Additionally, Microsoft has introduced an AI software called VALL-E (X), which functions as a language and speech synthesis model. This software listens to a human voice for three seconds in order to analyze language, sound features, accents, and other factors. It then replicates the user’s voice with specific stops and texture, mimicking human speech. Users can input written text, and the software will generate audio in a contextually appropriate manner.
Another notable AI model is Nural Sync, which operates akin to deepfake technology. Additionally, there are other tools like Hazen.Ai, HeyGen, and Verbatik AI that have the capability to transcribe speech in a staggering 142 languages. Many of these tools are accessible with minimal to no subscription fees.
It’s crucial for readers to be informed about Verbatik, an AI-driven text-to-speech platform that converts written text into natural-sounding speech. This platform boasts an extensive repertoire of over 600 realistic voices across 142 languages and accents. It also offers unlimited voiceover revisions to ensure impeccable audio outputs. Users have the ability to fine-tune the voice output, including adjustments in tone, emotion, and speech rate, enabling them to achieve the ideal voiceover to suit their specific needs.
Verbatik allows users to export the generated speech in both MP3 and WAV formats, ensuring compatibility with a wide array of audio playback devices. Whether producing a podcast, video tutorial, or presentation, these lifelike voices streamline the process, saving both time and resources while delivering top-notch audio quality.
Potential threats of AI
When readers connect the dots and consider the collective capabilities of these AI tools, it can be truly disconcerting. These tools have the capacity to substitute faces in videos, replicate and manipulate voices, and even converse in multiple languages. If utilised with malicious intent and combined effectively, these tools could become exceedingly difficult to combat.
For example, if a video surfaces of a politician discussing illicit activities with their own voice synthesized through AI, it could rapidly gain traction. By the time lawmakers address the issue, the reputation of that individual could already be irreparably damaged.
Despite the potential for misuse, these software applications do have positive applications, such as aiding in age progression and regression, as well as seamlessly dubbing audio in films without disrupting the overall mood.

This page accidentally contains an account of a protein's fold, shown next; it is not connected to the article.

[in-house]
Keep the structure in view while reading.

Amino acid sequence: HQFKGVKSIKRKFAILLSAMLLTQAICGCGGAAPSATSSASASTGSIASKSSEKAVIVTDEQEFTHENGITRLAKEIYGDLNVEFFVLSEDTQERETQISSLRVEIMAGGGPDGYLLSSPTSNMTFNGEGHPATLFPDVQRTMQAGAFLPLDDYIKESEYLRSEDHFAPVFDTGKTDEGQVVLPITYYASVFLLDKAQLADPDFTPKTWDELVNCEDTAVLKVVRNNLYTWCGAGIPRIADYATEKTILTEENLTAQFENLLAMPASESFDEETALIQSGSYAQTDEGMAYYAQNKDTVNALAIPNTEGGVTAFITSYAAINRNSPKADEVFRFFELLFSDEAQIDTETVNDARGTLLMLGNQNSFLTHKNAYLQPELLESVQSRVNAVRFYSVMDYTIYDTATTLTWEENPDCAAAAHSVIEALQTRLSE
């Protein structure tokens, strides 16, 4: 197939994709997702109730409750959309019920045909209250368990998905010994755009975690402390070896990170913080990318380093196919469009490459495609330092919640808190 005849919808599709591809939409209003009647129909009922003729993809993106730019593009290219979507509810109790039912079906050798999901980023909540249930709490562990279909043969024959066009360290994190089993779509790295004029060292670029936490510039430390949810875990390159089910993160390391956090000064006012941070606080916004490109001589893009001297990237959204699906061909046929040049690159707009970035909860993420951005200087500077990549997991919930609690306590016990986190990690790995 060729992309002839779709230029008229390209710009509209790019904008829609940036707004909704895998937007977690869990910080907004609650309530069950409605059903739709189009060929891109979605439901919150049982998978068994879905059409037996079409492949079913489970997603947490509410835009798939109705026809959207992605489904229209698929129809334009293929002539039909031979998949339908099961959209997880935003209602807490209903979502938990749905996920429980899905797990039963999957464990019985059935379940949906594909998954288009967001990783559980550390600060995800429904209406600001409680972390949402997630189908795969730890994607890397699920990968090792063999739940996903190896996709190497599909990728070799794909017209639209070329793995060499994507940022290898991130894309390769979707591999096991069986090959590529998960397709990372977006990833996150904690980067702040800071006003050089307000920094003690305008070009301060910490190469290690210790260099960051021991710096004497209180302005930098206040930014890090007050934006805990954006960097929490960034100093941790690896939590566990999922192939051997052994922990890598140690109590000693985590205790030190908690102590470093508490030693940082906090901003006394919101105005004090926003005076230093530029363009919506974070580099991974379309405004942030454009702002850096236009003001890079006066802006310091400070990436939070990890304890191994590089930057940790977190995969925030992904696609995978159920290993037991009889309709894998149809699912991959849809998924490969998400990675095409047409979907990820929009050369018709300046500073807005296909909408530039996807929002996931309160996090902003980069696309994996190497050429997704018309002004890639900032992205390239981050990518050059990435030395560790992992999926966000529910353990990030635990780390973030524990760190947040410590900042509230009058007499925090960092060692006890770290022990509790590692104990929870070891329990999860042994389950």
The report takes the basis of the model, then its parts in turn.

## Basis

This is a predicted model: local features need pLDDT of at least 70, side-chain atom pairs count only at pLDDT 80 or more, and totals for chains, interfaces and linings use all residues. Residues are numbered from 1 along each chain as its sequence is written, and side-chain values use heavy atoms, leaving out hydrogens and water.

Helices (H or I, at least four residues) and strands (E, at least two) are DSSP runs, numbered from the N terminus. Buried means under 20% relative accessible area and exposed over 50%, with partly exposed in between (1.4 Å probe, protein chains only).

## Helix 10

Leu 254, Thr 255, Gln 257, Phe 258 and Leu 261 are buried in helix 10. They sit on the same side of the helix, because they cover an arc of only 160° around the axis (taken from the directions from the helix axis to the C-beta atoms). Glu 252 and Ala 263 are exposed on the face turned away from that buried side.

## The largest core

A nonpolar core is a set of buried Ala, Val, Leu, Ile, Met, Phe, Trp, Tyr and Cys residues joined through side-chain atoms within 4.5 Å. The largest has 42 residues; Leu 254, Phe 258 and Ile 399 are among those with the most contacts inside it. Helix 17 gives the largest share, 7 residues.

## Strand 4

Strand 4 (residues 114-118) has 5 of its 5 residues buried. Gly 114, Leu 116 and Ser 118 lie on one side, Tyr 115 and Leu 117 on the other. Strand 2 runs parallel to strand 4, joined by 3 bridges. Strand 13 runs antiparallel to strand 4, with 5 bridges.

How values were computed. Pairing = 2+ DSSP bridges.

A few months ago, images of Bhagwan Ram circulated on social media, generated by an AI model known as Mid Journey. Mid Journey is a generative artificial intelligence program and service developed and hosted by the San Francisco-based independent research lab, Mid Journey, Inc. This program generates images based on natural language descriptions, known as “prompts,” much like OpenAI’s DALL-E and Stability AI’s Stable Diffusion.
Sextortion through AI tools
While there are certainly positive applications for AI, it’s imperative to recognise the potential for harm. There have been reported cases worldwide of victims, often young individuals, taking their own lives due to AI-generated content. Numerous articles and research studies have shed light on the detrimental effects of AI misuse. The New York Post, for instance, has published an article addressing the tragic consequences of teens falling victim to the misuse of AI tools, serving as a guide for parents to be vigilant against the rise of sextortion crimes facilitated by such tools.
While there are established regulations to govern such crimes, in the age of the internet, the time required for identifying such instances is often sufficient for significant damage to occur. In response to the Rashmika video incident, the IT Minister issued an advisory through his social media account.
The Ministry of Electronics and Information Technology (MeitY) promptly dispatched advisories to social media platforms, including Facebook, Instagram, and YouTube, instructing them to remove fake content generated through artificial intelligence (AI) within a 24-hour timeframe.
Sources indicate that the advisory reemphasised the existing legal provisions that these platforms must adhere to as online intermediaries. It reaffirmed the rules outlined in the Information Technology Act of 2000, which include penalties for fraudulent impersonation using computer resources, carrying a potential imprisonment term of up to three years and a fine of up to Rs 1 lakh.
The advisory also cited “IT Intermediary Rules: Rule 3(1)(b)(vii),” which states that social media intermediaries must exercise due diligence, ensuring that their rules, regulations, privacy policies, and user agreements explicitly prohibit the hosting of content that impersonates another individual.
It is worth noting that a more rigorous approach may be required to prevent potential major crises in the future.